How do you use a microphone when giving a speech? Should you use a microphone? These are two questions I’m frequently asked during workshops or coaching sessions.
Too often, I see people stand up at conferences and shout, “You can all hear me, right?” And when no one has the nerve to say “no,” the speaker goes on to shout their speech. Or, they take the microphone and hold it down by their belly button, where it can’t pick up any sound. Both instances show disrespect for your audience; if your audience can’t hear you, they can’t be moved to action.
I’ve used microphones both for speaking and singing and I know that using a microphone is a powerful way to fill the room with your message and get your voice heard. Using it correctly can make the difference between sounding like a professional and sounding like an amateur.
“…if your audience can’t hear you, you can’t move them to take action.”
Here are my tips for using a microphone effectively.
- Always be willing to use a microphone. In any audience, you will have varying hearing levels and English levels; don’t make it hard for people to listen to you. It’s healthier for your voice – and more pleasant for your audience’s ears – if you don’t have to yell.
- If you are making comments during a conference, stand up and use a mic. It ensures that everyone can hear you and – as a result – increases your credibility and authority.
- Determine in advance if you will or will not need a microphone. You’ll want to use a mic for one of two reasons: the audience is larger than 20 people, or the event will be recorded.
- Decide which type of microphone to use. At a conference, you can usually choose between a handheld or a hands-free mic. Whenever possible, I choose a hands-free microphone: a lavalier or lapel mic, an earset mic, etc. That way, it doesn’t disrupt my natural hand gestures.
- Avoid using the lectern mic, because it locks you to the lectern and prevents you from walking around and engaging the audience. If you must use the lectern mic, adjust the mic height in advance.
- Check the battery and volume in advance. There might not be a sound technician available to help you; always check the battery and volume level before you walk on stage. You can say something like, “Testing, testing” or “Check 1. Check 2.” instead of “Hey, is this thing on?”
- Where to put a lapel mic: If you’re wearing a suit, you can clip the lapel mic to your lapel (hence the name), on your button-down shirt, or on your tie about 8-12 inches from your face; clip the transmitter on the back of your belt loop. Ladies, if you’re wearing a dress and don’t have a belt loop, you might clip the receiver on the top back of your dress; it’s a little uncomfortable but you will get used to it. Wherever you put the mic, ensure it isn’t covered by hair or clothing as that affects the sound quality.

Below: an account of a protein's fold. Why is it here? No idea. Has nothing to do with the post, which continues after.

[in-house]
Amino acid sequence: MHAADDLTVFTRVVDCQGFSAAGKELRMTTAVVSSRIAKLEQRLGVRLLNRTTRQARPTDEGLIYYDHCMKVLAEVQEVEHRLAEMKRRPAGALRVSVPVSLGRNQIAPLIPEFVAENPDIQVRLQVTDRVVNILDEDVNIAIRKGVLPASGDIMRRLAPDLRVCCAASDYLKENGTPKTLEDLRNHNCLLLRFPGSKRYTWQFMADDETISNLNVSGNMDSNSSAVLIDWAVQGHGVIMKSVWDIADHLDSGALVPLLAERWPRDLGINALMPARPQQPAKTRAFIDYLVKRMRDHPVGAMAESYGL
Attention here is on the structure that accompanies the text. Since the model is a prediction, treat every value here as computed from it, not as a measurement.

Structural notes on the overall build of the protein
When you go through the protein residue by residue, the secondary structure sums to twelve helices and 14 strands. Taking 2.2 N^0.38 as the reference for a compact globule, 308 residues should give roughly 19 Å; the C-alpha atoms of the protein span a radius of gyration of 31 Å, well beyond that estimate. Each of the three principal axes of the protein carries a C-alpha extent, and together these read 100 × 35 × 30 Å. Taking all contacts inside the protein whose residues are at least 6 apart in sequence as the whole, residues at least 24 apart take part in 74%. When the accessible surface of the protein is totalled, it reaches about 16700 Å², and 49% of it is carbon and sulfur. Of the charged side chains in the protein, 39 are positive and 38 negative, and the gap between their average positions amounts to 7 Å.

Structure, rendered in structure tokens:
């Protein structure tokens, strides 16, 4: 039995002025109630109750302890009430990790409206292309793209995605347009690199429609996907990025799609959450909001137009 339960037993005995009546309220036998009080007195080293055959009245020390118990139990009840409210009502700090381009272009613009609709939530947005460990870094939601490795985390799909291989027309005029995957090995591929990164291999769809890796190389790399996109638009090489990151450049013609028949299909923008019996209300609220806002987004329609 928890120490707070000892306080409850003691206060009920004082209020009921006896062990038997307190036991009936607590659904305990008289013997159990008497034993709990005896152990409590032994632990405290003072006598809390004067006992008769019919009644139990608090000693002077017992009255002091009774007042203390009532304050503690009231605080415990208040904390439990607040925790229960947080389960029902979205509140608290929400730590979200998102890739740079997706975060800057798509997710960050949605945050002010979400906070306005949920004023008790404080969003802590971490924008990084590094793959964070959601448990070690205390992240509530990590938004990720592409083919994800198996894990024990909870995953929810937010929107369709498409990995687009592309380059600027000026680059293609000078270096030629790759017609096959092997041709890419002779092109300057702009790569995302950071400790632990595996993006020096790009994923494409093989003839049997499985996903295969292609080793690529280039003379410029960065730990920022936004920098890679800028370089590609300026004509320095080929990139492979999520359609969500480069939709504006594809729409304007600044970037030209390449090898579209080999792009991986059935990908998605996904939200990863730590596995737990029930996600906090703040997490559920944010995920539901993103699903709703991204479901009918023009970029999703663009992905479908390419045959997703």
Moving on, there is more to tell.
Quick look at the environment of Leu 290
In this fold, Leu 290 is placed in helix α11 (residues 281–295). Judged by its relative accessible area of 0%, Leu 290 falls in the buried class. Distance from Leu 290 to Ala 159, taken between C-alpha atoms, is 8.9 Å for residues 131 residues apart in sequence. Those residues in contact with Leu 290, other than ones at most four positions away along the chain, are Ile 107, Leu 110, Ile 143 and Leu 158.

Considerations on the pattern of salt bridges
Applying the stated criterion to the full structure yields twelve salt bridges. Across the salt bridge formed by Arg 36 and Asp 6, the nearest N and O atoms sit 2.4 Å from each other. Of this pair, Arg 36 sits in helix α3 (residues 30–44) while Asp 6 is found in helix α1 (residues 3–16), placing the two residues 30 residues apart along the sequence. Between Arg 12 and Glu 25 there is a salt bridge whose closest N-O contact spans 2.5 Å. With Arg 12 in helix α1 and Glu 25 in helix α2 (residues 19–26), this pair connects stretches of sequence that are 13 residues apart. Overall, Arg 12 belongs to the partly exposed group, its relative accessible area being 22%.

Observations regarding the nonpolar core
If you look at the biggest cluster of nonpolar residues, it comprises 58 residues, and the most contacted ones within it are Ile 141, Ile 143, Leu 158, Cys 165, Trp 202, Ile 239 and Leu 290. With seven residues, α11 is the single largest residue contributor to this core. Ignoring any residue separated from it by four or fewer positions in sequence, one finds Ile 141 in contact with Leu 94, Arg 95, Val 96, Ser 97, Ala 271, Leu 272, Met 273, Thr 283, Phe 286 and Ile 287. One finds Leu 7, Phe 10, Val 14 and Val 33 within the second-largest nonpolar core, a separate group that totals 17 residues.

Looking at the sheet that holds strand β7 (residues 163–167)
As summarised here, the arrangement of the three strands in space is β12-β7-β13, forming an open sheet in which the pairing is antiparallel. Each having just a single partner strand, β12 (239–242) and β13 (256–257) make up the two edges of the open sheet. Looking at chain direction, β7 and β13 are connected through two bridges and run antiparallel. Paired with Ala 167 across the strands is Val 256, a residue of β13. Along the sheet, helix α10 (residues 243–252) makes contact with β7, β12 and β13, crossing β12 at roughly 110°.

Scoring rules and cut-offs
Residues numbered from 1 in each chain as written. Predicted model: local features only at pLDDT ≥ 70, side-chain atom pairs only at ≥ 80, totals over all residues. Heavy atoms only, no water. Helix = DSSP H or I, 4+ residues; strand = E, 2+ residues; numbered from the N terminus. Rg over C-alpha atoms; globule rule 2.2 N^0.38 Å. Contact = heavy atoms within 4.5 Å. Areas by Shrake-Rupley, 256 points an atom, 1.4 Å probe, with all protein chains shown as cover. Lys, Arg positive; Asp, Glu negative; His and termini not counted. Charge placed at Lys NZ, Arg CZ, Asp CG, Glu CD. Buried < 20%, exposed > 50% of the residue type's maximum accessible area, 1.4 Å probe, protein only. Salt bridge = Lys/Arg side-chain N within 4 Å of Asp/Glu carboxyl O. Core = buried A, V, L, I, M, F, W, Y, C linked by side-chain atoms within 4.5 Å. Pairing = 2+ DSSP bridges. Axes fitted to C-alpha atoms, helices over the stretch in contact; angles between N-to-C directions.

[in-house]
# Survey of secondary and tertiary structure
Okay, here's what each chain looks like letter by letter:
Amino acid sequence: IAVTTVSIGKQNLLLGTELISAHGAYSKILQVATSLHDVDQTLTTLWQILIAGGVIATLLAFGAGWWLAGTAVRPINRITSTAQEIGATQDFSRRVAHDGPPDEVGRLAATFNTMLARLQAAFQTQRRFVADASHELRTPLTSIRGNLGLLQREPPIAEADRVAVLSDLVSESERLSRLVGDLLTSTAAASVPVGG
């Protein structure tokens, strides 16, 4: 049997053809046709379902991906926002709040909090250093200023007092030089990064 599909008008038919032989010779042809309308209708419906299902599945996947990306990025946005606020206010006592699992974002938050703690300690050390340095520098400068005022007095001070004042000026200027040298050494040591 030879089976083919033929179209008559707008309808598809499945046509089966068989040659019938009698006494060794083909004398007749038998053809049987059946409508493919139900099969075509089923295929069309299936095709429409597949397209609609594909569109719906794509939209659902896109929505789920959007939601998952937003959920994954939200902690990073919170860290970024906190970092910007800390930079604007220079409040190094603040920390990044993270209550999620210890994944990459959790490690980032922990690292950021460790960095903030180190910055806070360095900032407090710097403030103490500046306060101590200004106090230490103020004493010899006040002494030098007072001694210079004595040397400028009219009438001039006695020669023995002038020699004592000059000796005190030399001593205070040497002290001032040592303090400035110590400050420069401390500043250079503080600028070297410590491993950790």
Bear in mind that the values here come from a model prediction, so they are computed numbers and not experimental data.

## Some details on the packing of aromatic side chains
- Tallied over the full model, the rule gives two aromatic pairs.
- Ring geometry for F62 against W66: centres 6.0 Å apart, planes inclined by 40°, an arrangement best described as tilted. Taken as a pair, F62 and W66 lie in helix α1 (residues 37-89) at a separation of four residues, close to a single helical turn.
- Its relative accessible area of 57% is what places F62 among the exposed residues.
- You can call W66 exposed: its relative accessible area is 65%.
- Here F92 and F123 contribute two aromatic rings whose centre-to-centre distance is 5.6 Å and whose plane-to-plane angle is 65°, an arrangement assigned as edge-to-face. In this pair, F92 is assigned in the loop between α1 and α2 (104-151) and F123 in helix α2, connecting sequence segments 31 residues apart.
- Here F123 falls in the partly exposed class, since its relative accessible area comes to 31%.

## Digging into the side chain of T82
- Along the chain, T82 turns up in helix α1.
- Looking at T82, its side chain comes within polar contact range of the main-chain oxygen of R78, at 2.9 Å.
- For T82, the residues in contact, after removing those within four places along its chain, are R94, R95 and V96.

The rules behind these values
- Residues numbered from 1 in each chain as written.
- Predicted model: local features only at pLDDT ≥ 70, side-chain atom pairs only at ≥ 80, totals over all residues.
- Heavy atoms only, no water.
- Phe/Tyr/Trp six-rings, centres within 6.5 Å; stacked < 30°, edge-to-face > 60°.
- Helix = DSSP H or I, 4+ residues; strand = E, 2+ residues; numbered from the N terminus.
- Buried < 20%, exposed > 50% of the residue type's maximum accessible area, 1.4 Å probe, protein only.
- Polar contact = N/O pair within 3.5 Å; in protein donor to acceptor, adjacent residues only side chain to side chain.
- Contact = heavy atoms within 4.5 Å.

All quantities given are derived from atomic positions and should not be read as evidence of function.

- Cough AWAY from the mic. It happens: sometimes we have to cough or sneeze on stage. Remember to turn away from the mic, otherwise the entire room will resonate with your booming sneeze.
- For a hand-held microphone, hold the mic about 6-8 inches from your face, just under your mouth. When your head moves, move your hand with it so that your mic follows your mouth. Use your free hand to make hand gestures.
- Speak with a strong, clear voice. Don’t try to yell and don’t assume that it’s OK to whisper. The microphone amplifies the voice itself; make sure it’s amplifying a strong, confident voice. For tips on how to find your strong voice, read my article in the Harvard Business Review.
- Relax if the mic doesn’t work. Sometimes there will be a problem with the sound. Relax and don’t let it overwhelm you. I was once in the middle of a presentation on stage using a lapel mic when the sound technician walked up, gave me a handheld microphone, and proceeded to stand behind me fiddling with the transmitter on my belt. I used humor to show the audience I was relaxed, saying “I will continue talking and pretend that there isn’t someone behind me right now playing with my belt.” The more relaxed you are, the more relaxed the audience will be.
- Assume the mic is always on! Sometimes the sound technician will tell you that they have turned off the mic. Regardless, I never, ever, go into the restroom with a mic on me. While the odds are low that something will happen, the potential for embarrassment is high.
Rather than be intimidated, look at the mic as an opportunity to amplify your message. Remind yourself why your speech subject is important to you, and use that energy and enthusiasm to fuel your passion when speaking. The mic is there to make your job easier.